Donald Trump is a product of New York. But right about now, the president probably wishes he was a son of Texas.
With Republicans in control of the Senate — and his lackeys at the top of every major agency — Trump has all but immunized himself from accountability at the federal level. Earlier this week, Treasury Secretary Steve Mnuchin refused to honor the House’s legally binding (in the view of most scholars) request to turn over six years of Donald Trump’s tax returns, arguing that Congress lacked “a legitimate legislative purpose” for soliciting those documents.
That decision will be challenged in court. And considering the abnormalities in the ten years of tax returns the New York Times reported on Tuesday night, the notion that Democrats couldn’t possibly find a legislative use for Trump’s information is absurd. For one thing, there’s the national-security question of where a mogul who claimed more than $1 billion in losses between 1985 and 1994 got his financing in the decades since. For another, the White House itself claims that the tax returns the Times reported on reflect unfair tax loopholes that “need to change.”
Nevertheless, it’s going to take a while for the courts to settle the matter — and given how conservative the courts have grown on Trump’s watch, there’s a decent chance they’ll rule in his favor.
Thus, if Trump were from the Lone Star State — or some other bastion of red America — he wouldn’t have to worry about the exposure of his recent tax history for at least a while.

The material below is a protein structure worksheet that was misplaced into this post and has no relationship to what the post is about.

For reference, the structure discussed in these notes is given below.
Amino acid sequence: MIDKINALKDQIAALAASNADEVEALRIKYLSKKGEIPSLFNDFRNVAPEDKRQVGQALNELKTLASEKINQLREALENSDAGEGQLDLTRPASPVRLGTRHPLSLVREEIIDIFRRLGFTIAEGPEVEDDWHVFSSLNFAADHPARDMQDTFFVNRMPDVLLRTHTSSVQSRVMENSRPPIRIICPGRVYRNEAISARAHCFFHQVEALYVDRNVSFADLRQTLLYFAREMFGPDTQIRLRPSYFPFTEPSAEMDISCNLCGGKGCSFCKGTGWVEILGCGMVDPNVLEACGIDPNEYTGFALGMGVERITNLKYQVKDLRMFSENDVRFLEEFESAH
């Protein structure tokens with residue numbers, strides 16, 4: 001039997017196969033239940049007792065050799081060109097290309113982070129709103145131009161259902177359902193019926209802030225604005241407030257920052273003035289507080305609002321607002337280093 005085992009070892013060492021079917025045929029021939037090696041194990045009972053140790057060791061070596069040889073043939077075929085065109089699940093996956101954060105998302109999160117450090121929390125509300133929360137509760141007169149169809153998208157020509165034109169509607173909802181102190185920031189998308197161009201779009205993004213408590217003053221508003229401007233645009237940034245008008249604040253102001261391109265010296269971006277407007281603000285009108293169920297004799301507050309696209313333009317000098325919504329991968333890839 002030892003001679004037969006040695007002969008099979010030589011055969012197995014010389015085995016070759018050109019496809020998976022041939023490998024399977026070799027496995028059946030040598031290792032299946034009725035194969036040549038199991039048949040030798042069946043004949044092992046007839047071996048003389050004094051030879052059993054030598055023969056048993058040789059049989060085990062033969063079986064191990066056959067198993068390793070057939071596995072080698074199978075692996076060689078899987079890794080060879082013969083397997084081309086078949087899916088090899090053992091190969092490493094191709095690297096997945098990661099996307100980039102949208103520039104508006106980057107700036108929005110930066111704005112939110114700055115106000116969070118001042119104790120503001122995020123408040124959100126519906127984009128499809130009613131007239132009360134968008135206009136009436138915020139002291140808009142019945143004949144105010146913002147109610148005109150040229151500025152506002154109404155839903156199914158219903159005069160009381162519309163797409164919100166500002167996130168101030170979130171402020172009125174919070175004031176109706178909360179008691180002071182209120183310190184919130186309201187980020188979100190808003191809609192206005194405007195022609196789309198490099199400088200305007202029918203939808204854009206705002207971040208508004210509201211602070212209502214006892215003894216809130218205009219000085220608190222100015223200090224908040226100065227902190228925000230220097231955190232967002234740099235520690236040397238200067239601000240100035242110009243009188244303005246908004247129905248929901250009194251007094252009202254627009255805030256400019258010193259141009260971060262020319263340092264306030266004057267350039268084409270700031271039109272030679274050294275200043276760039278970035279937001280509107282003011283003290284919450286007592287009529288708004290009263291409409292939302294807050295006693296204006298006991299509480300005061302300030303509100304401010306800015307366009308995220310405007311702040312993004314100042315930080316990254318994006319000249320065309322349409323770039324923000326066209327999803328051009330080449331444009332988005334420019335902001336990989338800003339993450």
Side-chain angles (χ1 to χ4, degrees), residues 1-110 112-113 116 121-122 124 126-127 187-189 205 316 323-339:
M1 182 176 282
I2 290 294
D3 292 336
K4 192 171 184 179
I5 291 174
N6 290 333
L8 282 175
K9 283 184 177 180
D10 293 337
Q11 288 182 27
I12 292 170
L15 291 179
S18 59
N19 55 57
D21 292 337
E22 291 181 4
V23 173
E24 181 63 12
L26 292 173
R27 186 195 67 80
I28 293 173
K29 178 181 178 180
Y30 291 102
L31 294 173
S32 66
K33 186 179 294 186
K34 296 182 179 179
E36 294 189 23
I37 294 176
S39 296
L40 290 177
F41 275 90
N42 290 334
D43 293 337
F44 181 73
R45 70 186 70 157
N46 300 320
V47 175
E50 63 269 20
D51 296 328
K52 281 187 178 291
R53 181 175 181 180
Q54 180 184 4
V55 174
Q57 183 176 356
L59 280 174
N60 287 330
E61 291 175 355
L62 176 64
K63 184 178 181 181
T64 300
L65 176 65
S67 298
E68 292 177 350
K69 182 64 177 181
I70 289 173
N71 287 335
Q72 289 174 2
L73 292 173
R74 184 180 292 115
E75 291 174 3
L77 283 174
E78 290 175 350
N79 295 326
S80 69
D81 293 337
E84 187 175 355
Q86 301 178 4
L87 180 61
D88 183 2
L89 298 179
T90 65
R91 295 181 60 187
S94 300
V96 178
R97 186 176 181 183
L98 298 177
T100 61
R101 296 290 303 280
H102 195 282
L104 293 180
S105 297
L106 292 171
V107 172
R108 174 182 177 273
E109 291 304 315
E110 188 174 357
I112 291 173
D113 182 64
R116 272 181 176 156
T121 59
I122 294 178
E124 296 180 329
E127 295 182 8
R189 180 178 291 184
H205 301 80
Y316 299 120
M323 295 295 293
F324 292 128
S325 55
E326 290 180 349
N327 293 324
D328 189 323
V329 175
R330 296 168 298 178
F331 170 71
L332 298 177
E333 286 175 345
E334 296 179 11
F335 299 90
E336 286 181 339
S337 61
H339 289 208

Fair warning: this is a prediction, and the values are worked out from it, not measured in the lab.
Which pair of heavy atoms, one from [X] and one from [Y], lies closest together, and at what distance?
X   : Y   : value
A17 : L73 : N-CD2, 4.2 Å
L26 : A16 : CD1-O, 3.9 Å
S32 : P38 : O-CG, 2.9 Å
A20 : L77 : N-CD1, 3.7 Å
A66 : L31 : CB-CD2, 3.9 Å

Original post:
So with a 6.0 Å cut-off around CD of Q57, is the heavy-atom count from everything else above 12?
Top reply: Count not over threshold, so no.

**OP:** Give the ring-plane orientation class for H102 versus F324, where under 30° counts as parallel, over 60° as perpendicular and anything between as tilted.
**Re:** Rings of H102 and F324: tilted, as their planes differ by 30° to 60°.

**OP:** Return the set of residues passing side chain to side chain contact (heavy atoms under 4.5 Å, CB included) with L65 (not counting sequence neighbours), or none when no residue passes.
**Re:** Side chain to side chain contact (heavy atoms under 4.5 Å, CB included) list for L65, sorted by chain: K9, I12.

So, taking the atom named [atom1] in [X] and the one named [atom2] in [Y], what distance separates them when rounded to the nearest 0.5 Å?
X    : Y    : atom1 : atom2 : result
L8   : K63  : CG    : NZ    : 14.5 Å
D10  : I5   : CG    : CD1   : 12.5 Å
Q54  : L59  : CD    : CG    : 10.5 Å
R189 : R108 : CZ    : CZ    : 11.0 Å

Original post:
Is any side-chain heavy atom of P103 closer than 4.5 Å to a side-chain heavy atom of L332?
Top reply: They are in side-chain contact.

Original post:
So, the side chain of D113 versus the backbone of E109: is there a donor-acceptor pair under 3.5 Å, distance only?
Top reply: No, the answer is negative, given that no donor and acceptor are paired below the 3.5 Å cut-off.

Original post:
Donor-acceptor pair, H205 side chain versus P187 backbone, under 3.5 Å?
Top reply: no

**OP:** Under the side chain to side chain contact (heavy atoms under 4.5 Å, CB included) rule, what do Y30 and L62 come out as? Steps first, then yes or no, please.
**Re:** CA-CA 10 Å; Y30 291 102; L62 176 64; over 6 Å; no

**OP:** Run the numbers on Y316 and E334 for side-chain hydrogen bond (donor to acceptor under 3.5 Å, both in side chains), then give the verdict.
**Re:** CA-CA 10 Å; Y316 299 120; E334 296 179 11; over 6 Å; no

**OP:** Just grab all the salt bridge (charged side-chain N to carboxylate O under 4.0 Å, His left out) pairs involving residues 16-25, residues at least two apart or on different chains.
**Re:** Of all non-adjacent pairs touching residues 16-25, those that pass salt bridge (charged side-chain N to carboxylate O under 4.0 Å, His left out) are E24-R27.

Alas, Trump grew up — and did the lion’s share of his business — in the deep-blue Empire State. So even though he’s turned the Justice Department into something approaching his personal detective agency, he still has state-level prosecutors combing through his books. And even though he’s persuaded Mnuchin to nullify the law to keep his taxes under wraps, he’s got New York State lawmakers on the cusp of releasing his state-level returns.
On Wednesday, New York’s Senate easily passed a bill that would require the state to turn over the state tax returns of any U.S. president, vice-president, or senator — or any state governor, lieutenant governor, attorney general, or comptroller — upon the request of the House Ways and Means Committee. Given that the Assembly is overwhelmingly Democratic — and Governor Andrew Cuomo has already endorsed the legislation — it seems only a matter of time before the bill becomes law.
New York still wouldn’t be able to provide the House with the federal tax returns it has sought. But since Trump’s economic activity has been so heavily concentrated in New York, it is likely that his state-level returns will mirror his federal ones in many respects. At the very least, they will offer unprecedented insight into Trump’s business relationships and recent income.
It remains possible that the Trump administration will find a federal court willing to block New York’s hand. But legal analysts who spoke with the Washington Post’s Jeff Stein were skeptical.
“The claim that New York can’t give Trump’s returns to Ways and Means is really, really, really weak,” Daniel Hemel, a professor at the University of Chicago, told the paper. “New York has a really good argument that it’s just mirroring Congress’s own choice about confidentiality.”
Shortly before its vote on the tax-return legislation, the New York State Senate passed a bill clarifying that a presidential pardon does not immunize an individual against state-level prosecution for similar charges in the state — a dull bit of legislative minutiae that surely does not concern the president in any way.